And that's it! I did the whole project in about 2 - 3 hours. I think it looks really good against the gray background, but I'm still not sure about the location. I plan on living with it for a while and I'll see how it goes from there.


Friday Favorites - Illustration Edition

I'm sure you have noticed that hand crafted, drawn, lettered and painted things are totally in style now. From wedding invitation art, to books, to store signs and even fashion - art work is being created by a human! It's so refreshing to see these works of art popping up among the millions of digitally produced designs.

Here are my absolute favorite artists:

Artist: Stina Persson

Artist: Jessica Hische

Artist: Dana Tanamachi

Artist: Yellena James

Artist: Raphael Vicenzi


Printable :: Foxy Ornament

I was creating some patterns a few years ago and as I was working, this fox materialized. The only thing I added, after I discovered it looked like a fox, was the ears. I thought it was a pretty cool accident, and I currently have it up on my wall. The PDF is 11x14 in. The download link is at the bottom of this post.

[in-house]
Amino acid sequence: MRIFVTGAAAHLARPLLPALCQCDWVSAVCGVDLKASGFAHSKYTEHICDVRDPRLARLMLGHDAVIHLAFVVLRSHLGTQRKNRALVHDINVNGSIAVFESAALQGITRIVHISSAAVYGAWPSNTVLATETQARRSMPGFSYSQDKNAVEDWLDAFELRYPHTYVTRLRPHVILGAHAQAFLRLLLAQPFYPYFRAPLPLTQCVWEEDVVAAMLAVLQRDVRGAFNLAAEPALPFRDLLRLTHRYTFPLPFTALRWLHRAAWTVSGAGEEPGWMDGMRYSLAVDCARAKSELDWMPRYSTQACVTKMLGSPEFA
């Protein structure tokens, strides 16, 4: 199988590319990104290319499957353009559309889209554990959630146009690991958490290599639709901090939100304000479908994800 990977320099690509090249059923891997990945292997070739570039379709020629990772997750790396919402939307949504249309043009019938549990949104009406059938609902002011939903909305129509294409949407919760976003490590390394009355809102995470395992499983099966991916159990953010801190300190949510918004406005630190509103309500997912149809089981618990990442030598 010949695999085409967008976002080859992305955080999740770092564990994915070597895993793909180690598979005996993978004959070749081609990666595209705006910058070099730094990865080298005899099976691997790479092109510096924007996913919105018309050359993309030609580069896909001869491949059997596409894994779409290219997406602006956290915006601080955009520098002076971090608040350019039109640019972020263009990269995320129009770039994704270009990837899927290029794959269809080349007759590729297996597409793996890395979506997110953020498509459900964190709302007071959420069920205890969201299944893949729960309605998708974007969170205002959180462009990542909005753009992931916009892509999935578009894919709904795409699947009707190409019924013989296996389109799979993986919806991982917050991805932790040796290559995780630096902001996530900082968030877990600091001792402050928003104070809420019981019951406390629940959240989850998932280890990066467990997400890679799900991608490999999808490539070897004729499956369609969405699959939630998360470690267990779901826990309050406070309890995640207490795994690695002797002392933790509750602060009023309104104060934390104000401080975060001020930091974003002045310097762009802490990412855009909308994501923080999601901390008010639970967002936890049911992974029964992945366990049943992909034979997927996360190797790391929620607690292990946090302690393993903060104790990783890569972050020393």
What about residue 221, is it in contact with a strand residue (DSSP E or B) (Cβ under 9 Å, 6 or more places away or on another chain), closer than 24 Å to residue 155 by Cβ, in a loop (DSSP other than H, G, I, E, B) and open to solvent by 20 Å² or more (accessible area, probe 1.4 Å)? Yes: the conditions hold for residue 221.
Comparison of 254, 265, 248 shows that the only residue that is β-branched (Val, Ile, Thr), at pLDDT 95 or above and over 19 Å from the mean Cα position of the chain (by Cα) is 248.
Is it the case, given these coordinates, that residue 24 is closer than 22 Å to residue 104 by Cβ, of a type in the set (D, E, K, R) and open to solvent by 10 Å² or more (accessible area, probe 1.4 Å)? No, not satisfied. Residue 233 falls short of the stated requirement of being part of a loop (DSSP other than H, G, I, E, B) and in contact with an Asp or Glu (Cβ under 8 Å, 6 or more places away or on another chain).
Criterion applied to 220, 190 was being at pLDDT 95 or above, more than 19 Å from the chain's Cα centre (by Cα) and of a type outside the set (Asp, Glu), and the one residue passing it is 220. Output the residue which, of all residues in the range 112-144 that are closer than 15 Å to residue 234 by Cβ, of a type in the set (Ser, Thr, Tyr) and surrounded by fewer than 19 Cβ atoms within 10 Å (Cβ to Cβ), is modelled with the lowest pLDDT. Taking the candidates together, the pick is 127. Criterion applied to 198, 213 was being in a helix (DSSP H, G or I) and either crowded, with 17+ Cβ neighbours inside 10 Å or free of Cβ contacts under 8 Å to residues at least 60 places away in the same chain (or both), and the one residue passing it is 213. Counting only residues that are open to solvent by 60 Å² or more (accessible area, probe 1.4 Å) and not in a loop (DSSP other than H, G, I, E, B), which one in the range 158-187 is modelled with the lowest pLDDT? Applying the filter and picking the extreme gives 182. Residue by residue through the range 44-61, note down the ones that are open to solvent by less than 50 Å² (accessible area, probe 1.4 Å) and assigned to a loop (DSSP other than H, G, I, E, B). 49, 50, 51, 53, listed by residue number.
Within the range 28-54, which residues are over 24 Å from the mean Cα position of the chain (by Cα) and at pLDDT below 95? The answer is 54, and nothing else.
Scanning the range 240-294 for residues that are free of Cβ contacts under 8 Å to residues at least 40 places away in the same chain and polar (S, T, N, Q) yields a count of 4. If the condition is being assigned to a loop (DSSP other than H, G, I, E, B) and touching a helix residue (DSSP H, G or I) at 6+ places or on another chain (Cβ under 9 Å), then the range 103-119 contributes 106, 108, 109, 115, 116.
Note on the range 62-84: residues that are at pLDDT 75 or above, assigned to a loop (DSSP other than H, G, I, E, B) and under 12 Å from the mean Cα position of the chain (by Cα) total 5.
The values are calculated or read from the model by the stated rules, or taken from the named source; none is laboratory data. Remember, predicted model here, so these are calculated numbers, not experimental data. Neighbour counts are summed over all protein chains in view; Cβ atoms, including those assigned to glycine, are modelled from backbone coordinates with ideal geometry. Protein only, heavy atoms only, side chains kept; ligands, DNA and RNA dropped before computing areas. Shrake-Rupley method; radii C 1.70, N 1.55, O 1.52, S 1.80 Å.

Dinnerware wasn't really on my radar until recently. I love all these sketchy patterns appearing on plates and mugs! They're too nice to eat out of! If I had open shelving in my kitchen, I would own all of these!

LEFT: West Elm, Dotted Dinnerware Set RIGHT: Poketo, Bono Monochrome Cup Set

LEFT: Crate and Barrel, Gemma Hatch Bowl RIGHT: Poketo, Yarn and Needle Plate Set

LEFT: West Elm, Modernist Mugs RIGHT: West Elm, James McNally Neighborhood


DIY :: New Legs for our Couch

A few days ago I came across Pretty Pegs. This site has gorgeous replacement legs for Ikea furniture. My favorite is the Aldor in Ash/Mint!

This site got me thinking about how much I hate the legs on my Karlstad. They needed to be spruced up!